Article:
Now Playing: Concrete and Barbed Wire, by Lucinda Williams. “This wall divides us, we’re on two different sides. But this wall is not real; how can it be real? It’s only made of concrete and barbed wire.”

Time travel has always fascinated me. I’m pretty much a sucker for any movie/television show/book about time travel. Today’s blog is the first of probably the bunch that I’ll eventually write on the topic. Just think about it. How great would it be to have the ability to go back in time and fix your mistakes before they happened – or right great wrongs. Think how much better we could make things.

Except we can’t. Not because time travel isn’t possible. I truly believe it is.

But one of the rules of time travel, as firmly planted in my psyche as the Three Laws of Robotics, is that the past can’t be changed.

That rule was firmly established in my first contact with time travel. It was in a Superboy comic book in the 1960s, one of the reprints in an 80-page Giant, I think. Those were always my favorite. You’d get eight or nine stories for a quarter. Just couldn’t beat them.

Anyway, in this one, Superboy decided to go back in time – I think it was his first trip into the past – to stop the assassination of Abraham Lincoln. A more noble goal there could not be. I’d like to think that would have made Reconstruction a bit easier and blunted some of the lingering bad feeling between the North and South for generations.

Alas, was not to be. Superboy made it back all right on the fateful day and was going to see the President in a Washington hotel. But he got fooled by an entry on the register that said Mr. L. in some room wasn’t to be disturbed. SB thought the Mr. L was Lincoln, so he went to the door. Turns out this Mr. L was an adult Lex Luthor, who had fled into the past to escape Superman. Lex quickly pulled a chunk of Red Kryptonite, which had unpredictable effects on SB that lasted 48 hours. This unpredictable effect was paralysis. So while Lex taunted SB, even striking a match on his nose, Lincoln’s assassination proceeded on course. (One of the great touches of the story was Lex’s remorse when he figured out why Superboy had come back into the past. He considered it his worst crime.)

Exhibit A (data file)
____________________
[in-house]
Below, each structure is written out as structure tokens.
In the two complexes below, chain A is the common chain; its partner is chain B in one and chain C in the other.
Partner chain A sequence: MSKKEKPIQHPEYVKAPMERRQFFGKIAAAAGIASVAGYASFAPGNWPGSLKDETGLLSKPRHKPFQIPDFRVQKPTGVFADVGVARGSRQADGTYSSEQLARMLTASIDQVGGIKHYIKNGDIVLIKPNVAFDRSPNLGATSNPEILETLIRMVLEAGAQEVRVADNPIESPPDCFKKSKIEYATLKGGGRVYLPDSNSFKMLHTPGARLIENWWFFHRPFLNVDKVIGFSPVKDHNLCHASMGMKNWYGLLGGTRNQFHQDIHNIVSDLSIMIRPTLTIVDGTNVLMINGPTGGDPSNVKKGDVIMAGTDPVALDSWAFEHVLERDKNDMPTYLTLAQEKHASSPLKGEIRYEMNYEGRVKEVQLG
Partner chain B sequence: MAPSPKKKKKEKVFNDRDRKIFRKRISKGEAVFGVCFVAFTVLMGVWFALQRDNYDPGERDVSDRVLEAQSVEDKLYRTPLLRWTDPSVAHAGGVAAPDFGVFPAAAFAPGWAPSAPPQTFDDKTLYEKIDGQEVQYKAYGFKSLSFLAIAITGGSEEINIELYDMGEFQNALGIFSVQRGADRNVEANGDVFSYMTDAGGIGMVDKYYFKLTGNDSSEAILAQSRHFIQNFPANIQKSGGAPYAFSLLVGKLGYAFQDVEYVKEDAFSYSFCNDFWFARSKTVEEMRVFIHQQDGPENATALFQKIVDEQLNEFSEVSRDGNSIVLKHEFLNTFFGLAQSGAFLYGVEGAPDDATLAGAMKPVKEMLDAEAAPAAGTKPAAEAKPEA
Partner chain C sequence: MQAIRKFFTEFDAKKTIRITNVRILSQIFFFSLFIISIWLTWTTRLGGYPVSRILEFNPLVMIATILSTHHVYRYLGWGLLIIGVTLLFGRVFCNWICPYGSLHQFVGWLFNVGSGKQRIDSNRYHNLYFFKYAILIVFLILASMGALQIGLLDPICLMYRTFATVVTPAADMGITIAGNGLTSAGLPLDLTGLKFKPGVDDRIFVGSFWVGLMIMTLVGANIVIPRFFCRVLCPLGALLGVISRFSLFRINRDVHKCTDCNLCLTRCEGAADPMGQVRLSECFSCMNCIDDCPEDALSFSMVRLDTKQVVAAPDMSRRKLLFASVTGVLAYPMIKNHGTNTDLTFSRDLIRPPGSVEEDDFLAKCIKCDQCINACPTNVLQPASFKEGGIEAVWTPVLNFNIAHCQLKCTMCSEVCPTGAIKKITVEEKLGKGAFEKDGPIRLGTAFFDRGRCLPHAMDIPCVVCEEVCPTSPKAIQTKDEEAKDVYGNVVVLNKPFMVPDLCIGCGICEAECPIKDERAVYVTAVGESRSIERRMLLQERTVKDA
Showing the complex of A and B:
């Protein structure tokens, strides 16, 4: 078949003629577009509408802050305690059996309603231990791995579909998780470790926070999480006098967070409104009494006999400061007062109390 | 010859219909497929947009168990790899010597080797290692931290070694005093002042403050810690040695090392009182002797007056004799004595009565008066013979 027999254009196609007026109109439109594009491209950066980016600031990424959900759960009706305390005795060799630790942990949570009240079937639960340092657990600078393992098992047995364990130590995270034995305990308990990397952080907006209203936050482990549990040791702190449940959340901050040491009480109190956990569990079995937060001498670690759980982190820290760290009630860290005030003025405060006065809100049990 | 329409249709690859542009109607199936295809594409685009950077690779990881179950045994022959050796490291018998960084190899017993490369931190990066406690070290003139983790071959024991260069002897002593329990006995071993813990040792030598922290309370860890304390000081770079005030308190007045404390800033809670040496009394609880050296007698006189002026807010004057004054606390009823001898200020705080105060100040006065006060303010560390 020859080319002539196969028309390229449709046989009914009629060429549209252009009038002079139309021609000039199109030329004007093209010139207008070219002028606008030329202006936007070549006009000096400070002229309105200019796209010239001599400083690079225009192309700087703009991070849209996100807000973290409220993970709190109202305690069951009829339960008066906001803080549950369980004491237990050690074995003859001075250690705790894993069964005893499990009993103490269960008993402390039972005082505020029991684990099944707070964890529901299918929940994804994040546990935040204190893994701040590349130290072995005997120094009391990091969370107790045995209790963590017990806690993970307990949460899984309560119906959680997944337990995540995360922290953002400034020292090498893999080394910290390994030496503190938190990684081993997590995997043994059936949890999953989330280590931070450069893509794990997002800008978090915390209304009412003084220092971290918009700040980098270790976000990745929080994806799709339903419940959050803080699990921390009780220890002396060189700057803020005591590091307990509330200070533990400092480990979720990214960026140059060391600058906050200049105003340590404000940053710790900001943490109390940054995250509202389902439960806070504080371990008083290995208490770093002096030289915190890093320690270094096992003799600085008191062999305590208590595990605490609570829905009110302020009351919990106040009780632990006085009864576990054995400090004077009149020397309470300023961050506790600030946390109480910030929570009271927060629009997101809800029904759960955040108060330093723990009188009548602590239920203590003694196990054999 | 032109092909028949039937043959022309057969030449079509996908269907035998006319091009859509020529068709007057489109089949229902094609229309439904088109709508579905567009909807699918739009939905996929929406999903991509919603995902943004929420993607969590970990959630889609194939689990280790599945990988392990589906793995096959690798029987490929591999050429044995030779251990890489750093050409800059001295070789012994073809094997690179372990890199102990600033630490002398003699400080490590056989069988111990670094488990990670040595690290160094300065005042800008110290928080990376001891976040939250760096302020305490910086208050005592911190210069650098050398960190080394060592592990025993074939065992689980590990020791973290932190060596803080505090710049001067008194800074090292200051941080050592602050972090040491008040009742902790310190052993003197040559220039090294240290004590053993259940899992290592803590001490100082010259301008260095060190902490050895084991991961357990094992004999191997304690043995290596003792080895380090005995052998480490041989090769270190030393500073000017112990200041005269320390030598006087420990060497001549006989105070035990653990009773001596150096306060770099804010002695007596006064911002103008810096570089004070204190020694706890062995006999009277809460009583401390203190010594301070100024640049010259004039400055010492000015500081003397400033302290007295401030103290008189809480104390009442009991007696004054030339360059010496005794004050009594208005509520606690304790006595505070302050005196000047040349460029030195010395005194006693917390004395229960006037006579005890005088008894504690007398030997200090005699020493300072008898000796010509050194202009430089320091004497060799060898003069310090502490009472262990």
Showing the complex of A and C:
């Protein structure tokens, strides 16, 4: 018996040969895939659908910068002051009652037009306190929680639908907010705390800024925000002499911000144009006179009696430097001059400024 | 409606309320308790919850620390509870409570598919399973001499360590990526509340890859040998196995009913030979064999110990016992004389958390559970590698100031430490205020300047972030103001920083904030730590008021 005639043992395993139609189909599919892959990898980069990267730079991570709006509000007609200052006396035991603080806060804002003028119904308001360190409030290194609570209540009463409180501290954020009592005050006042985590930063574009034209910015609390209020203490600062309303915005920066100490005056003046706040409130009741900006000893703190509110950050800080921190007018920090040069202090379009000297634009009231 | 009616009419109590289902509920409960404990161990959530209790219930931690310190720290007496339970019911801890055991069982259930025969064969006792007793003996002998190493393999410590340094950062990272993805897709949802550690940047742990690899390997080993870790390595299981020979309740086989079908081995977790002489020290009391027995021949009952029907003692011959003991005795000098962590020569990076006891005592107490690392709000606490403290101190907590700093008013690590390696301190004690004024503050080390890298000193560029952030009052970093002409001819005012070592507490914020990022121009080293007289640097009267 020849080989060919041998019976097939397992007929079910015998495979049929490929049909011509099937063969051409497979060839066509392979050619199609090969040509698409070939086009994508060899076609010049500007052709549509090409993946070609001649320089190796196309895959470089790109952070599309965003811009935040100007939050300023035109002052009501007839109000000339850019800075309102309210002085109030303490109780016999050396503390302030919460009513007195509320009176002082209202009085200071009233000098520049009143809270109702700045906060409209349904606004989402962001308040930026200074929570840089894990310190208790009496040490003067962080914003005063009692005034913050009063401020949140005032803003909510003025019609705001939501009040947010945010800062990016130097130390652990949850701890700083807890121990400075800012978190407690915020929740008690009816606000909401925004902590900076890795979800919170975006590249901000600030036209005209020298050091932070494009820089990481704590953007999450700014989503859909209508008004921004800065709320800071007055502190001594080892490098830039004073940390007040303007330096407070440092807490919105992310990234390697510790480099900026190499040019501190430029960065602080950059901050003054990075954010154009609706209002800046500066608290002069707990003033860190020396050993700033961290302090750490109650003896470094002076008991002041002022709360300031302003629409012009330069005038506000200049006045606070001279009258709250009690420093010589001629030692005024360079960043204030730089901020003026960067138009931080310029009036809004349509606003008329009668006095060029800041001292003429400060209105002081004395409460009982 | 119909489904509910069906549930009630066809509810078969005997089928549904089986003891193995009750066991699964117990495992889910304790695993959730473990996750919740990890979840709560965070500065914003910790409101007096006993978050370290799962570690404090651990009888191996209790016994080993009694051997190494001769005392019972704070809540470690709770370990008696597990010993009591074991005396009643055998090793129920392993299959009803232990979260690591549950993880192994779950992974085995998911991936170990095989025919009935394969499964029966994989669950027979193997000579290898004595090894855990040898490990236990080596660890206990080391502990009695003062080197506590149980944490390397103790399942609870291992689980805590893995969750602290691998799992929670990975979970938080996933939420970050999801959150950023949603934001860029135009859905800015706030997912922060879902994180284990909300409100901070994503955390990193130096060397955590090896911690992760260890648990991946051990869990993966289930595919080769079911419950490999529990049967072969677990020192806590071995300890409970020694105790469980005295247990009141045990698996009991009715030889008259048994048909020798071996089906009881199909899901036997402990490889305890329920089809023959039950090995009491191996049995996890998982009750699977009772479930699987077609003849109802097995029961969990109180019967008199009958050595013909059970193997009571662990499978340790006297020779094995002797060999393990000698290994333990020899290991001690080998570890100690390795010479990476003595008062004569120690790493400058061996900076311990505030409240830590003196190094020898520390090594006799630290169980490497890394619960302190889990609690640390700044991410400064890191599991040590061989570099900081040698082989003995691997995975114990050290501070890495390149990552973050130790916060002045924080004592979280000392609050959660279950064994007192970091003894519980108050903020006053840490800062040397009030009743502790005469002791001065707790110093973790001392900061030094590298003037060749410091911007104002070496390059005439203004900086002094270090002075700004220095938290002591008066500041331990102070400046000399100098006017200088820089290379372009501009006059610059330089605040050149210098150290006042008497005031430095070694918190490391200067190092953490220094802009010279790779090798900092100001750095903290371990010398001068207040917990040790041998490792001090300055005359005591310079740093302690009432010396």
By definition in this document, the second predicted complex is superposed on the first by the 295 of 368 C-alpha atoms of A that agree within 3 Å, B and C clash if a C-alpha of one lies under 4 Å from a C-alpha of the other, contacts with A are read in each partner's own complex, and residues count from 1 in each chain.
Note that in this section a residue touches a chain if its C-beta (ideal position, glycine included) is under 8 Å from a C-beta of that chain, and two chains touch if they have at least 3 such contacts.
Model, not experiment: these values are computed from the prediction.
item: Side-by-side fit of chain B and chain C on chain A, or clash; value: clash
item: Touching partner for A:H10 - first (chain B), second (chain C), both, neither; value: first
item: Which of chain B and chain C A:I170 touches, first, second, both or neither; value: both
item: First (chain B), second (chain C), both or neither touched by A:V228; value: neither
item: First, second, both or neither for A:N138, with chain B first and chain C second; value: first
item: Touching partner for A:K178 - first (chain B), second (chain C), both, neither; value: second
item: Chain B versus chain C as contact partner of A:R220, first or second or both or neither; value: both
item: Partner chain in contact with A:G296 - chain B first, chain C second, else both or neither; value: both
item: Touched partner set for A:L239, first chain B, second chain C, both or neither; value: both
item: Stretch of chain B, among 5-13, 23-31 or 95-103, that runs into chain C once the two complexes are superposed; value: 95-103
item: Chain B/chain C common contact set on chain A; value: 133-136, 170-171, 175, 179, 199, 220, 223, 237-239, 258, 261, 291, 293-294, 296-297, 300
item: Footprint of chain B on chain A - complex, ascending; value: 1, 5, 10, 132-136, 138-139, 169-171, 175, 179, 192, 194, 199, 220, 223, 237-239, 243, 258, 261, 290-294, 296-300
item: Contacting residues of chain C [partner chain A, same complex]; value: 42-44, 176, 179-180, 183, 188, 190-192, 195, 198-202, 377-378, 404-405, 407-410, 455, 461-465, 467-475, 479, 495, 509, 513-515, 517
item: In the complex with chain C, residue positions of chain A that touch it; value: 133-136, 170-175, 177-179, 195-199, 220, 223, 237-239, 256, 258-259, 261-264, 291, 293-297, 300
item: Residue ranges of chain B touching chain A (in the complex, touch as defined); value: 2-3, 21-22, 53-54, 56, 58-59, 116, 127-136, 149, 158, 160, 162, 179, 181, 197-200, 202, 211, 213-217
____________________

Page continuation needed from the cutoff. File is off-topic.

Once the red K wore off, SB returned to the future, where he came to the reluctant conclusion that the past was the past – never to be changed. Too much inertia to overcome in the time stream. So that’s what I believe, too.

The past is for observing, learning from, but it can never be changed.

“The only reason for time is so that everything doesn’t happen at once.” _ Albert Einstein